The tour progresses to Ploeuv Hoc Sep night market, strictly frequented by locals. Here's where Fear Factor comes alive: Roaches, maggots, frogs, snakes, tarantulas and ants are on the menu. If you're among the faint-hearted, there's also a barbecue option where the catch of the day is feasted on mats overlooking a small pond, with boisterous Khmer chatter in the air. The night winds down with a tasting of infused Cambodian rice wine, where notes of lemongrass, chili, ginger and other local ingredients are infused in a little house in Dan Nak, southern Siem Reap. You'll also get to bottle a little liquid courage to bring home.
WHERE TO STAY
Shinta Mani Club
Nestled within the leafy compounds of the old French quarter of Siem Reap and a 10-minute walk away from the headiness of the raucous Pub Street, Shinta Mani Club is your answer to a hotel that skips the kitsch for an understated, contemporary design. It's the trademark of architect Bill Bensley after all, who's used a sleek palette of grey and monochrome interspersed with bursts of bright oranges while using nature to his advantage. Rooms are tastefully etched with subtle nods to a Khmer identity, and before you fall asleep, you'll look up to a rather imposing yet salutary picture of Buddha on the ceiling.
Junction of Oum Khun and 14th Street. Tel: +855 63 761 998
WHERE TO EAT
Gelato Lab Blink and you'll miss this two-storey café nestled in the alleyways that wind around Pub Street. Edoardo Todaro makes his home's well-loved gelato from natural ingredients, crafting them daily with no artificial preservatives or additives. The proof is in the pudding — or, well, gelato, which you can choose from either a organic whole milk or a vegan and non-dairy option. While most would zero in on a classic chocolate treat, try a pint of the chocolate churned with Kampot pepper in the mix.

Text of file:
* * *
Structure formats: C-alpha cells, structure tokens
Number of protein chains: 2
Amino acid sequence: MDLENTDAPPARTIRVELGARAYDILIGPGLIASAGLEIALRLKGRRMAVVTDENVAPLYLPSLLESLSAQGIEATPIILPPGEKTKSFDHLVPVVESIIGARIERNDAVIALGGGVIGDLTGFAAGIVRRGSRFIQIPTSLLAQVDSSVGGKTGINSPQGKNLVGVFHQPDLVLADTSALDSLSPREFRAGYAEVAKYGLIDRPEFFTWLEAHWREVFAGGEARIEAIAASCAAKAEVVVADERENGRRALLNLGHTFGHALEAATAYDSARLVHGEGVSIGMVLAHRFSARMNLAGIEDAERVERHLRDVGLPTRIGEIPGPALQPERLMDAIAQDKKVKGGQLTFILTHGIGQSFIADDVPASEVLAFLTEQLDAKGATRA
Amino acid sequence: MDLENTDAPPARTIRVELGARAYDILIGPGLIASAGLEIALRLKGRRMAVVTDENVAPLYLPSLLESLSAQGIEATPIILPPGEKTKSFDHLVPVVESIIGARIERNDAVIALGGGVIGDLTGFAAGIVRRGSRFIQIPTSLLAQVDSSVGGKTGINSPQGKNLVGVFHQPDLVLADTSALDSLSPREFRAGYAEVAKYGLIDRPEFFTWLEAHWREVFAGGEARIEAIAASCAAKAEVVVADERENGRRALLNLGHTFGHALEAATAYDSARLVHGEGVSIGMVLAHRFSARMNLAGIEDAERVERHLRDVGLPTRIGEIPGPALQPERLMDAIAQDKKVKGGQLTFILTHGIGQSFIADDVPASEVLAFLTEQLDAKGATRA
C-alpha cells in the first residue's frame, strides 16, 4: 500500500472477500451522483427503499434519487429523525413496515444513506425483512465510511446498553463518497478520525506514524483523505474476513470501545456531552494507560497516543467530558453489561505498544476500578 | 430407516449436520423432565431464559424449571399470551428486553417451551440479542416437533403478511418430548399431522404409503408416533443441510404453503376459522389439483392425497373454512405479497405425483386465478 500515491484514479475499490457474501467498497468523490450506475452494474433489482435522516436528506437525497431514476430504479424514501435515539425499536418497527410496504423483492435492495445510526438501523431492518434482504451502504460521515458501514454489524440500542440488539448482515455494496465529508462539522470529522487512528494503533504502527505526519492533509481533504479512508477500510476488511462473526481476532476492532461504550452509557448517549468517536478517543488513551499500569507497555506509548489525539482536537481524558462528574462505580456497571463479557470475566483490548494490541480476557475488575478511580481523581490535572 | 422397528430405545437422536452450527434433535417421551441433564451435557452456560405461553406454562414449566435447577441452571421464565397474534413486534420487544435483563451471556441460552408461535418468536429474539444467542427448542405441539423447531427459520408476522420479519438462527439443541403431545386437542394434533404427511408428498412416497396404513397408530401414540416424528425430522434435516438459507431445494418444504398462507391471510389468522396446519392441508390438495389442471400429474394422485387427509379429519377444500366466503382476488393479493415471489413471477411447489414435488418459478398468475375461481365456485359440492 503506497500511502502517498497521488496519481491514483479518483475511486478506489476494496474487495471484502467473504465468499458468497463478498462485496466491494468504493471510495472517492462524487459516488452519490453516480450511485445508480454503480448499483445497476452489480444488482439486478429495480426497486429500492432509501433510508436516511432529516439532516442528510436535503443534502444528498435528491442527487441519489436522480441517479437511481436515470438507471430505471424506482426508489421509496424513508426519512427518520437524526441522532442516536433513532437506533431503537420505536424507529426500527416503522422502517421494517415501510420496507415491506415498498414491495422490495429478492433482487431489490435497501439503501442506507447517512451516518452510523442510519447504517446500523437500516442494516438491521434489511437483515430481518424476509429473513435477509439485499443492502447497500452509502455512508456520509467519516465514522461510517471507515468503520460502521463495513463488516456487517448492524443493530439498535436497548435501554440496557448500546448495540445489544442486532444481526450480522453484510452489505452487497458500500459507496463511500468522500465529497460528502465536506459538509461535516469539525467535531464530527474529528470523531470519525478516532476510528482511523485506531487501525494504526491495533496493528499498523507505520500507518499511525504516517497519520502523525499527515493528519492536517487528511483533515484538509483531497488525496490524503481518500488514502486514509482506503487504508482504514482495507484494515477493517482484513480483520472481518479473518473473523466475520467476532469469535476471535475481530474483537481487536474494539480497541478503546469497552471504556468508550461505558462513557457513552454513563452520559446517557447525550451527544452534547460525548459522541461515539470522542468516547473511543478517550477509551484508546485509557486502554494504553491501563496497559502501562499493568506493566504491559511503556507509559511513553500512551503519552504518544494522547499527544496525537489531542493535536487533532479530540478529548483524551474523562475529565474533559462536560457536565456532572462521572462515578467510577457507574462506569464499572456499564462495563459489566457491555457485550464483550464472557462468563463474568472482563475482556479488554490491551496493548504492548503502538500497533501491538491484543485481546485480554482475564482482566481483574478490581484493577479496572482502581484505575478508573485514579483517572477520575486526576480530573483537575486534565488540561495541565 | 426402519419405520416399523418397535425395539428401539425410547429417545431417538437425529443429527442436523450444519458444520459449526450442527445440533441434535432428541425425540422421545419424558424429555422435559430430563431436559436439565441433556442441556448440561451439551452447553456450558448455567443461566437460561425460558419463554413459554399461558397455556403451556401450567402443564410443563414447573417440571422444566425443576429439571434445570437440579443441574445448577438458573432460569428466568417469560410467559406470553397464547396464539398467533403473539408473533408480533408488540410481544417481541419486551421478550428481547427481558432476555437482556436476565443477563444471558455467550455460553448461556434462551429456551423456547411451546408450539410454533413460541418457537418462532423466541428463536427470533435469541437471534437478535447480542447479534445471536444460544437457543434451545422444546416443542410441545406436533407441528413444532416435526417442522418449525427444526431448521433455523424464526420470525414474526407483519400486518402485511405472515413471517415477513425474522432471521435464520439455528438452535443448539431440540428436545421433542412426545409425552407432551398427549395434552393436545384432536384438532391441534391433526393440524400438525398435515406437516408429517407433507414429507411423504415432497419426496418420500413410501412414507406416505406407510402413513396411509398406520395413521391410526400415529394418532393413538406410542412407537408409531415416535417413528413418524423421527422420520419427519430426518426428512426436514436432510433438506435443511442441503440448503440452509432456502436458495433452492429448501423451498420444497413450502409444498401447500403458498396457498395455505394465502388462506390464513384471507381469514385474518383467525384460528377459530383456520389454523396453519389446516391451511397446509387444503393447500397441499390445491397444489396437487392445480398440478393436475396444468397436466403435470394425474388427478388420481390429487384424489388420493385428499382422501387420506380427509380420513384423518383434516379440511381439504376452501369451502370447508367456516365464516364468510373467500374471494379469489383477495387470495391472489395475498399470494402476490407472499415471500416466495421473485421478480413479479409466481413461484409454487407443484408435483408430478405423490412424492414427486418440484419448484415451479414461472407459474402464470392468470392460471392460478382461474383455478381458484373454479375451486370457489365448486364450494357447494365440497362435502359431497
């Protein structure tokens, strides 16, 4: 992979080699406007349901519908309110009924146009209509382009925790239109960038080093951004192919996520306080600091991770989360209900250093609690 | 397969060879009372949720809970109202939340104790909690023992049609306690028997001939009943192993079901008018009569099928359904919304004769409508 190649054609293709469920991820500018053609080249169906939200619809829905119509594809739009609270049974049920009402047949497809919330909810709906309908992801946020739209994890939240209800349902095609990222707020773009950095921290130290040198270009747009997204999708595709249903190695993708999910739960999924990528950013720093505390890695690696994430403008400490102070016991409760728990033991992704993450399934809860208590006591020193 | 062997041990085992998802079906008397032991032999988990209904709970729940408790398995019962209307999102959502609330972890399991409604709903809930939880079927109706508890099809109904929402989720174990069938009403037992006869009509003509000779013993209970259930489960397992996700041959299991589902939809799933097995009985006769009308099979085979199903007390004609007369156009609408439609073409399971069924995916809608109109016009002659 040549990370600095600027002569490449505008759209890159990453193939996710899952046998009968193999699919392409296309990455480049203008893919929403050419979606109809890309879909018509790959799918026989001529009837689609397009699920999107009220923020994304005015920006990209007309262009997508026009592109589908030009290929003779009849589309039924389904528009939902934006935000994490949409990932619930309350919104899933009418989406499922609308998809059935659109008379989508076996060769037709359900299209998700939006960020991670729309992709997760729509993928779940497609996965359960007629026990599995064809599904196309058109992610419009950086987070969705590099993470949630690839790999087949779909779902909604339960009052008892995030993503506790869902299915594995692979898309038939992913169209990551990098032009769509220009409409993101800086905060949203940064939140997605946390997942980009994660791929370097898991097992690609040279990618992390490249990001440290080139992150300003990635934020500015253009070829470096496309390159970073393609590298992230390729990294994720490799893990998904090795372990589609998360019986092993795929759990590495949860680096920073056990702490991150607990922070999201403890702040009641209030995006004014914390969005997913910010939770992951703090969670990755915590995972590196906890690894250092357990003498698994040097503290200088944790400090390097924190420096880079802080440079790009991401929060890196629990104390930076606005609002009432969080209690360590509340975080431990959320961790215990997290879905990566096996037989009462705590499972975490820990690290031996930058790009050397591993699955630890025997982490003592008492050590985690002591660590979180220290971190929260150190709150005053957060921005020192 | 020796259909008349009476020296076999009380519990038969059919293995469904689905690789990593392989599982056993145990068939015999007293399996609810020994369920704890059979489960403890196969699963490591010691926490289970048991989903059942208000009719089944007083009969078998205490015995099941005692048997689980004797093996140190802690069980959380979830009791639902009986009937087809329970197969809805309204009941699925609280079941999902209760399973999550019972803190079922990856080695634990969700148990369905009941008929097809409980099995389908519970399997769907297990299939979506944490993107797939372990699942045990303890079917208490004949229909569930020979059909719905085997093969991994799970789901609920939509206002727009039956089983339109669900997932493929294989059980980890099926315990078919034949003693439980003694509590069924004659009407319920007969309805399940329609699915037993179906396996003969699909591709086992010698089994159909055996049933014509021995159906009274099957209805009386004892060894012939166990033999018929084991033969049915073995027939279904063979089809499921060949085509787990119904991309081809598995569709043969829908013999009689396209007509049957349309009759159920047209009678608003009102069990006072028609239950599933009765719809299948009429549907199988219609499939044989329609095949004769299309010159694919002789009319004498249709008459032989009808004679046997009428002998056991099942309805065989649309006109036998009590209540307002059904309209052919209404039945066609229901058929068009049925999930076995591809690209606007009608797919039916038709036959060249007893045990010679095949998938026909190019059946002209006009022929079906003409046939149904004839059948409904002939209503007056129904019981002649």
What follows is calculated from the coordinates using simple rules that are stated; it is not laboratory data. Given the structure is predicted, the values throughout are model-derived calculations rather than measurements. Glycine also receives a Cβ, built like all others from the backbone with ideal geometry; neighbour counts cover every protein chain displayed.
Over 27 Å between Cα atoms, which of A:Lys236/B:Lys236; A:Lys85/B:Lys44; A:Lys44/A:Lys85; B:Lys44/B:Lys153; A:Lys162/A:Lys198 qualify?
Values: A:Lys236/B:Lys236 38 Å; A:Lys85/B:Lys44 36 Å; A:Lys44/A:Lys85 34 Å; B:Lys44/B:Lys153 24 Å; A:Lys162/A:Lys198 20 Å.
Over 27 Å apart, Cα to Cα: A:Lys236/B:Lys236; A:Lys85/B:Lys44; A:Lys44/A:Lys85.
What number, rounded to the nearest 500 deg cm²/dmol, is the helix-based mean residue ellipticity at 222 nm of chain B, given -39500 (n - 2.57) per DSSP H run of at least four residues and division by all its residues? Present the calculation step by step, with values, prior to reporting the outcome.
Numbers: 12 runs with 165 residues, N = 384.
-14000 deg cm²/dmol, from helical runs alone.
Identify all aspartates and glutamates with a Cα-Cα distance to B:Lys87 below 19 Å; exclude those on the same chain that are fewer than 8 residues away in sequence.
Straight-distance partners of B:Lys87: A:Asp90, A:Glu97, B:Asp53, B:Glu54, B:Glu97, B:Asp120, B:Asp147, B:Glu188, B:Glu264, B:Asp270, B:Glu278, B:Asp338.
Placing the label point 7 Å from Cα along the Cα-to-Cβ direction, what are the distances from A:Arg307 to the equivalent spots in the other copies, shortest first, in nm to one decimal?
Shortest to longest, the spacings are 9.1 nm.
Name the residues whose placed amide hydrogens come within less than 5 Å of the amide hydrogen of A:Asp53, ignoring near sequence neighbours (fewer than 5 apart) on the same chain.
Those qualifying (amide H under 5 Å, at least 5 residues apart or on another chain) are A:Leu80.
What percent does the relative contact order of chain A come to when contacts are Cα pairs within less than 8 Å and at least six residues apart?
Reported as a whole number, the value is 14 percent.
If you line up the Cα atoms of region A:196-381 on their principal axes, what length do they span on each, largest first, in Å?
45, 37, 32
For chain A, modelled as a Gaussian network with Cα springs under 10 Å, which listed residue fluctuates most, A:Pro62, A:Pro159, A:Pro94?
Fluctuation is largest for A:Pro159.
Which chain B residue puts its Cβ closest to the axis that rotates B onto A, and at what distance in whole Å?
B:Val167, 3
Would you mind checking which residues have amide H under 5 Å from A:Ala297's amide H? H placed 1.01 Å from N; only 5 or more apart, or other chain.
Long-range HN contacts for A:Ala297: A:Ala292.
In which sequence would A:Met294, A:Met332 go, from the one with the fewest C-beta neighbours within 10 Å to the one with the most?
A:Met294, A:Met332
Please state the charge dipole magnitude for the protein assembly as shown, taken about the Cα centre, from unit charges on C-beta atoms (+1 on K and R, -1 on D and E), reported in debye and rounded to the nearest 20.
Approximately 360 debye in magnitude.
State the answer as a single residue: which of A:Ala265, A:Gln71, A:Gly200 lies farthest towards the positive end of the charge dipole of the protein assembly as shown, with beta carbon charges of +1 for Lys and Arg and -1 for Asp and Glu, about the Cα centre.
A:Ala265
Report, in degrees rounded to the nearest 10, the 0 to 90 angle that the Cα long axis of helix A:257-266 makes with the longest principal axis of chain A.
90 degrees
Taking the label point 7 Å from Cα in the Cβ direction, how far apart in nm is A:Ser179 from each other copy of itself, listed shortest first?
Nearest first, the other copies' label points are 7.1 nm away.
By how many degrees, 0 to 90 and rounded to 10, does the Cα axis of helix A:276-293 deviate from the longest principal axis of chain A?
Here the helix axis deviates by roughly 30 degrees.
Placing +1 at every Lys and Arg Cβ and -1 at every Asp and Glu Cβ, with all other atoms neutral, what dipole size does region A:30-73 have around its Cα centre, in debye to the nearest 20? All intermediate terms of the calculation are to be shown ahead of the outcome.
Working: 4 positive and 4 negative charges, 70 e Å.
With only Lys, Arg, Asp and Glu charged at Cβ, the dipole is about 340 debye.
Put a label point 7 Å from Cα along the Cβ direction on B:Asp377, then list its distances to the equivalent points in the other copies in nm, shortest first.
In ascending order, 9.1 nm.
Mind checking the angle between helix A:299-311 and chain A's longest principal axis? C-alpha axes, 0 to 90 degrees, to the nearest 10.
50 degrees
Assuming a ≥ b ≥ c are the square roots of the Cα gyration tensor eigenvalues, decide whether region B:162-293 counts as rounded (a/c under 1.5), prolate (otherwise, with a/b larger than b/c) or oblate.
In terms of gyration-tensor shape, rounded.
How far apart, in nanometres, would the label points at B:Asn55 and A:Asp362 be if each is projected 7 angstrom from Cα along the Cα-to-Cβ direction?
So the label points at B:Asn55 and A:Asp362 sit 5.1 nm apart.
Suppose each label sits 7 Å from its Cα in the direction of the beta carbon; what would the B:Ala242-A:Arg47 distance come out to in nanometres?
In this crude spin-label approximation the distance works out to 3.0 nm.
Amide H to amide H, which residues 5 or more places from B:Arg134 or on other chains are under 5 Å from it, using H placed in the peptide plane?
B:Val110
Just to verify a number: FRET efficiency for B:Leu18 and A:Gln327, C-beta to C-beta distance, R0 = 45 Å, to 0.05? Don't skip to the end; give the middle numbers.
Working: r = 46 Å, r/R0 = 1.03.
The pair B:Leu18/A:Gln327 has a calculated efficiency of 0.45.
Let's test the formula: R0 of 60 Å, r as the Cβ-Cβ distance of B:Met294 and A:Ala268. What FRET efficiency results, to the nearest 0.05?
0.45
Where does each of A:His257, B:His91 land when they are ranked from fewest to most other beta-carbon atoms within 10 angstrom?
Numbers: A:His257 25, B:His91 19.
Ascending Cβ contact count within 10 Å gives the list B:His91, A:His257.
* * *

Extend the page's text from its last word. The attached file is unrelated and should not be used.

Alley West, #109, Alley Westt, Sway Dangkum Commune
Sister Srey Café
Aussie through and through, this café along the river is the brainchild of sisters Lauren and Cassie who strive to bring the good-natured, easygoing Aussie service through coffee. Yup, the menu's a break from traditional Cambodian fare, with shredded coconut and banana bread, matcha smoothie bowls and avocado, banana and chocolate cakes. It's a laid-back vibe with communal tables as you sip and watch mopeds zoom past as touts try and sell you their wares.
The Steakhouse A sister restaurant of the Shinta Mani group, The Steakhouse ticks all the right boxes of an all-American steakhouse: Juicy cuts, generous sides and and service that's as discreet as it is instinctive — a rarity in the tourist-infested town. It's a good option if you and your partner can't decide between Cambodian or "Western" fare. At The Steakhouse, you can have both —we highly recommend the fish amok.
Between The Passage and Street 9. Tel: +855-63-965-501